Skin Inflamation In Dogs

August 16, 2010

in Cat Health

We are inclined to think of dogs as being tough; animals that can take care of themselves; animals that are far more in contact with nature than we humans are and we kind of admire them for it, in a way. However, the truth is that dogs come under many of the stresses that we do including pollution and junk food, even though they do not have to do the nine-to-five or sit in traffic jams, which are of our own making anyway.

Most of the stresses that dogs suffer are not of their own causing, they are our fault too. These stresses often manifest themselves in much the same way as they do with us in neuroses, anti-social behaviour and skin problems amongst other ways. In this article, I want to talk about some of the most common sorts of canine skin irritation, not all of which can be ascribed to human activity.

The foremost cause of bad skin in dogs is fleas in the town and fleas and ticks in the countryside. The cause of the inflammation is these parasites’ spittle. A dog’s immune system can handle a few fleas, but the problem comes when he is infested. Brief infestation can happen fairly quickly, but usually it is a symptom of neglect. If a dog was groomed every week, the problem would not get out of hand.

Often a neglected dog will look mangy because he has pulled his fur out and damaged his skin with continuous scratching, try to purge himself of his tormentors. If the dog had remained in a pack like it was born to tens of thousands of years ago, it would be groomed every day by its fellows. A domestic dog relies on its owner to do this for him. You could liken it to a child crawling with bedbugs waiting for its parents to do something about it.

You can treat it and prevent it occurring by bathing your dog in insecticidal shampoo as directed on the box and dusting him and his box with flea powder on a regular basis, say, in combination with his weekly grooming.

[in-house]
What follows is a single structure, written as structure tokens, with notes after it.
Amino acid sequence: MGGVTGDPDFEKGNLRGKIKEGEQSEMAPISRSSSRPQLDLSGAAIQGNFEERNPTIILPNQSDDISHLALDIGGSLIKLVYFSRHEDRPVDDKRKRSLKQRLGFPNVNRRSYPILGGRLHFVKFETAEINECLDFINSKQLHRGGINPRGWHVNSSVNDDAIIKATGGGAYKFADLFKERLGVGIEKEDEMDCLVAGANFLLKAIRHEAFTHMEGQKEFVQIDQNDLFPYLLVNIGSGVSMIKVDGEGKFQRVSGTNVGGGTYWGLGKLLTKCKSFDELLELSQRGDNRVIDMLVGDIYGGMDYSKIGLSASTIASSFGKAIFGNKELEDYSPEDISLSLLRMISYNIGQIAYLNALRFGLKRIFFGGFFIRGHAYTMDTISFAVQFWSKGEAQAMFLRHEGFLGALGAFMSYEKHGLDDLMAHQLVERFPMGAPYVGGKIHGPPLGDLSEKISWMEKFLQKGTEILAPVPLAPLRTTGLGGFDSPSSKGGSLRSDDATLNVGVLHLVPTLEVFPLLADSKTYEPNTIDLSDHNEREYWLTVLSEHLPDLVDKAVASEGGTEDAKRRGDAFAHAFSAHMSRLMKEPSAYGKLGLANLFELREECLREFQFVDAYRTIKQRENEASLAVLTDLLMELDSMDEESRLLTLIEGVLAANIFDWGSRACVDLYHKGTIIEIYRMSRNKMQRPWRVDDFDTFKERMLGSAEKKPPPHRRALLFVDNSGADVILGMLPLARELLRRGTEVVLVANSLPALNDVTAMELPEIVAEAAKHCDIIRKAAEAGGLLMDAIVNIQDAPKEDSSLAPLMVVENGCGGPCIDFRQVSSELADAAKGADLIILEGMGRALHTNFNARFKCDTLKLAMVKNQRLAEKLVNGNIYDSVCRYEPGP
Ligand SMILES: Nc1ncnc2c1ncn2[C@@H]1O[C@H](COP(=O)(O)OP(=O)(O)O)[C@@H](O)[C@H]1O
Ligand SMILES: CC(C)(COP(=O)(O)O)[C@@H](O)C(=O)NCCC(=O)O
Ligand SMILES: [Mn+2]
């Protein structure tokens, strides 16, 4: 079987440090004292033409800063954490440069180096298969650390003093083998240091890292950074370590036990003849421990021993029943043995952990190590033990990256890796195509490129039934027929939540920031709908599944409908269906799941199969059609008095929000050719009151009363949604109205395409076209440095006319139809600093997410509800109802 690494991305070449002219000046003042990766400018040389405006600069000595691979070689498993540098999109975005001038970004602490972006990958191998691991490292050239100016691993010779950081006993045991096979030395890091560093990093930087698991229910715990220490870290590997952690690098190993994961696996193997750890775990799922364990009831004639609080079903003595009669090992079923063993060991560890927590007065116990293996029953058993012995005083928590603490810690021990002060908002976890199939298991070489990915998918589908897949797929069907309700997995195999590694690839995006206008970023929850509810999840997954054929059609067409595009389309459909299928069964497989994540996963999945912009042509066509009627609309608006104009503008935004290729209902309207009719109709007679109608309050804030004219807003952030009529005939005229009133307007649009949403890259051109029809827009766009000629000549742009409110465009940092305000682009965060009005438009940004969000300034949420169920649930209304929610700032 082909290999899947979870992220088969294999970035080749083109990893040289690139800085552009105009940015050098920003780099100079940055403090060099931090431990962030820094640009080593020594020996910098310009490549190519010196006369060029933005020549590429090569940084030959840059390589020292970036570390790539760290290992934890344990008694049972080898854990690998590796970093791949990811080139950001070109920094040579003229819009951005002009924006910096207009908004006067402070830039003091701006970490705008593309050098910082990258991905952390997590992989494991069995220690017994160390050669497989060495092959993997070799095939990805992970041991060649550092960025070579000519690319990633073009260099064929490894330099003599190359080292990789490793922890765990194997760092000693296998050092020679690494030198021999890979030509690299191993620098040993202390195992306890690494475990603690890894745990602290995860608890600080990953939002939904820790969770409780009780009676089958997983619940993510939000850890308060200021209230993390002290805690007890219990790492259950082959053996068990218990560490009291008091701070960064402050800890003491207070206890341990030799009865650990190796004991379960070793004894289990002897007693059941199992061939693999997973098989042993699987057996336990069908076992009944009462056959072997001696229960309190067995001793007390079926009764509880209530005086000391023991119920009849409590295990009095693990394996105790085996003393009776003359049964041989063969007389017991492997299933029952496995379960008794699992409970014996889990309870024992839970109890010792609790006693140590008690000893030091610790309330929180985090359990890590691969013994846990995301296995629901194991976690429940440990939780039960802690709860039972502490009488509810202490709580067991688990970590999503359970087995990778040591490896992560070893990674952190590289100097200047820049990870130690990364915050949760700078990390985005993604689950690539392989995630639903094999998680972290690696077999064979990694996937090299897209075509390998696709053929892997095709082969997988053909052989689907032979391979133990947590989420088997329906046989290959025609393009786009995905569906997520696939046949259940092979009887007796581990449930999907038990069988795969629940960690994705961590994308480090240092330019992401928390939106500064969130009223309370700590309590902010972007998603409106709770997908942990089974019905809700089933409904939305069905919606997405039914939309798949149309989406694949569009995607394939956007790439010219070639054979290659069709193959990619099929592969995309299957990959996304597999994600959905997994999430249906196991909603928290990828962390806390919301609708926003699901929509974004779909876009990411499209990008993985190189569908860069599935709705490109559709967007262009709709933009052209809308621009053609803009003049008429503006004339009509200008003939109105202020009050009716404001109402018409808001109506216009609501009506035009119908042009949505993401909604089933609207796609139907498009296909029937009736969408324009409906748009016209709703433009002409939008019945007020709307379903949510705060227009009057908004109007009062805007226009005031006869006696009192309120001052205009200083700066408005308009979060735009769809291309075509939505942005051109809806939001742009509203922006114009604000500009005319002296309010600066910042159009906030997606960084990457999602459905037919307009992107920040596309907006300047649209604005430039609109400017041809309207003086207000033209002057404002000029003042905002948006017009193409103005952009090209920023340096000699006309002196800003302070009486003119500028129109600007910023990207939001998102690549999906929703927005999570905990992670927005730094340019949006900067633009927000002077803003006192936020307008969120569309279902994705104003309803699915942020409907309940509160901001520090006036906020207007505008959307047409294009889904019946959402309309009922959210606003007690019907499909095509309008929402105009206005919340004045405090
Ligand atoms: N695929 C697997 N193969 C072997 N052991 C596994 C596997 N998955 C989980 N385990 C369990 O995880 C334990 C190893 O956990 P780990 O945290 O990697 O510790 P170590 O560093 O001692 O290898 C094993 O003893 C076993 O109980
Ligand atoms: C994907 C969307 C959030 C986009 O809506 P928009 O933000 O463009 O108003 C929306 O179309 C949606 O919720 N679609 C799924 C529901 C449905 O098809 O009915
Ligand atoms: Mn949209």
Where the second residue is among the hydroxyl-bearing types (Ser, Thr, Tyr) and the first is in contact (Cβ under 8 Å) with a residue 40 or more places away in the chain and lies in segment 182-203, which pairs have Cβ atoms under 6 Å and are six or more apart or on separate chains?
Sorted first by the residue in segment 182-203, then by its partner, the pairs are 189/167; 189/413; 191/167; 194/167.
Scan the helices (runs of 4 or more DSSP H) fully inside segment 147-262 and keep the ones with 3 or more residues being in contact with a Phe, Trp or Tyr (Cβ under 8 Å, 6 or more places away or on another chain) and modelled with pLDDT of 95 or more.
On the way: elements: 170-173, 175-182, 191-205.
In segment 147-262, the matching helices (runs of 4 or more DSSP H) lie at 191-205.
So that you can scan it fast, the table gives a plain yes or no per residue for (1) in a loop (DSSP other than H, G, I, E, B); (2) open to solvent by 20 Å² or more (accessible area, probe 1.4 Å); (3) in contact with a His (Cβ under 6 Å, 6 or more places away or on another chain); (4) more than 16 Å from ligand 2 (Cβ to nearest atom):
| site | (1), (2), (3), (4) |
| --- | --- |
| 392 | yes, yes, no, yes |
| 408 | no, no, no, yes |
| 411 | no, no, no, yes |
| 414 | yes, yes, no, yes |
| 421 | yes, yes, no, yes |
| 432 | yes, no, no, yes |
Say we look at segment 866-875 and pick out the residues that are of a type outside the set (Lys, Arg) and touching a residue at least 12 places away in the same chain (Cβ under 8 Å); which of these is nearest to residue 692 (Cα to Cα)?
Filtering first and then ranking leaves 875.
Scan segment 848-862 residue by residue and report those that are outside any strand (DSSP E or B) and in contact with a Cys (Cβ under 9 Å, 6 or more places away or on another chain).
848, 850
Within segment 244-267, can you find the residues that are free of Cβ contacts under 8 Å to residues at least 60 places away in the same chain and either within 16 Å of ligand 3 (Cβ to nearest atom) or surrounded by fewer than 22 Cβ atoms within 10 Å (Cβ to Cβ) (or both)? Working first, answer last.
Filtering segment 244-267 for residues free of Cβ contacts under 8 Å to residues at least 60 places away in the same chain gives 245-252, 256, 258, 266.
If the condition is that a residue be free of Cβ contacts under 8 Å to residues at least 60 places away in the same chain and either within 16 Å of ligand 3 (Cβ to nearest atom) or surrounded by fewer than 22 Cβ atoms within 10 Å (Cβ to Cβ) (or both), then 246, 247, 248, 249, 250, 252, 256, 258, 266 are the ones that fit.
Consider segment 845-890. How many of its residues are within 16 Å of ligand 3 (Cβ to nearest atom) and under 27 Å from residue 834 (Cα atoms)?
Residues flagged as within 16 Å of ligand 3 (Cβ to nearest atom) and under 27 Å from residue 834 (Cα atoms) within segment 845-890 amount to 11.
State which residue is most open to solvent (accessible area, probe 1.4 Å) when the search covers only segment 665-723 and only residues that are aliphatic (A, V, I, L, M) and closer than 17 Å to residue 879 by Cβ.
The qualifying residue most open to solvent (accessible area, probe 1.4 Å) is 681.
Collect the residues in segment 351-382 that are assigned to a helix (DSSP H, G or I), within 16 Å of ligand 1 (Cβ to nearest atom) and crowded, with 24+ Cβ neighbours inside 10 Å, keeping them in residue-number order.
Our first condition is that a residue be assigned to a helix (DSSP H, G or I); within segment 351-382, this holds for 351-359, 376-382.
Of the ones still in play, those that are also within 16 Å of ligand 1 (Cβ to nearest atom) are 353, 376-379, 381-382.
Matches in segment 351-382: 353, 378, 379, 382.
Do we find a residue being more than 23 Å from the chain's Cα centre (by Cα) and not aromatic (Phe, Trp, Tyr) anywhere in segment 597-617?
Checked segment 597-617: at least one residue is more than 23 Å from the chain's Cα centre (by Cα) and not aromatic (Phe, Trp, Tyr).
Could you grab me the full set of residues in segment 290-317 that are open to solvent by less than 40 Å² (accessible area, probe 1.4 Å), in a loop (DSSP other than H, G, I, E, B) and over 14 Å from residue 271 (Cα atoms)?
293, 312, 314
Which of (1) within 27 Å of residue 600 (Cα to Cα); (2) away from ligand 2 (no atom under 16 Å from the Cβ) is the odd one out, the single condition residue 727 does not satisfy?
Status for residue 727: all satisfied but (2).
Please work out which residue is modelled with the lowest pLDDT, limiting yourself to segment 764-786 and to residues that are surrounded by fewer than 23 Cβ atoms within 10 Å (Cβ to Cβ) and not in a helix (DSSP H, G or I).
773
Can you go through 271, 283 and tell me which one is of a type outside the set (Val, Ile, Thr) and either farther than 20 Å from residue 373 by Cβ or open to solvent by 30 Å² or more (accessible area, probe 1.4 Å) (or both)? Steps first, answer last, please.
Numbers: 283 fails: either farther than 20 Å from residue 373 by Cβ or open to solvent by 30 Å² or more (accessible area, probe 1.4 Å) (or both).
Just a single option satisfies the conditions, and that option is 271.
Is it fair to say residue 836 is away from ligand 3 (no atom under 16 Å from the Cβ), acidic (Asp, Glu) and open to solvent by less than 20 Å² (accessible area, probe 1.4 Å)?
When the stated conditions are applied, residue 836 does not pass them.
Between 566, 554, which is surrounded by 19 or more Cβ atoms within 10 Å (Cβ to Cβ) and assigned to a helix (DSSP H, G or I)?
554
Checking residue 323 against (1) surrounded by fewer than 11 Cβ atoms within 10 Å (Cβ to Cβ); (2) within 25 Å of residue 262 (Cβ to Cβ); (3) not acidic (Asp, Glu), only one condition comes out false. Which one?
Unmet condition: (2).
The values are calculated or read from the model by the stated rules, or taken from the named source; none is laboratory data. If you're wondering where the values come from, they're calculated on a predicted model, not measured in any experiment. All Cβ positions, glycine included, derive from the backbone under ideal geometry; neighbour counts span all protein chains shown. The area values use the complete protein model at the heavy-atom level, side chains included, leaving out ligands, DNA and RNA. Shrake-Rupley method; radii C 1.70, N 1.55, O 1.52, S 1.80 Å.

A similar looking condition is mange. Mange is caused by minute parasitic mites burrowing under your dog’s skin. Again, your dog can deal with a few mites, but an infestation is bad. It can also be caught by humans, but our bodies usually clear the problem up. However, your dog will be driven to distraction by an infestation of mites.

If you cannot find scores of fleas on your dog, it is probably mange, also known as scabies. You should be able to catch this early if you notice red, possibly bleeding patches of skin. Your vet or pet shop can sell you something to cure it fairly quickly.

Mosquitoes can be as much, if not more of a nuisance to dogs than they are to us. Mosquitoes attack dogs on the snout and genitals, but you cannot put DEET or other creams for humans for the reason that they will lick the chemical off resulting in stomach problems. You can apply lemon juice or oil scented with grated lemon rind and lemon juice, because mosquitoes detest lemon smells.

If your dog’s skin problem does not fit into any of these categories, then he is probably suffering from an allergy or pollution of some sort and you will have to take him to a vet.

Owen Jones, the writer of this piece writes on many subjects, but is at present concerned with indoor mosquito repellent. If you would like to know more or check out some great offers, please go to our website at Mosquito Repellent For Dogs.

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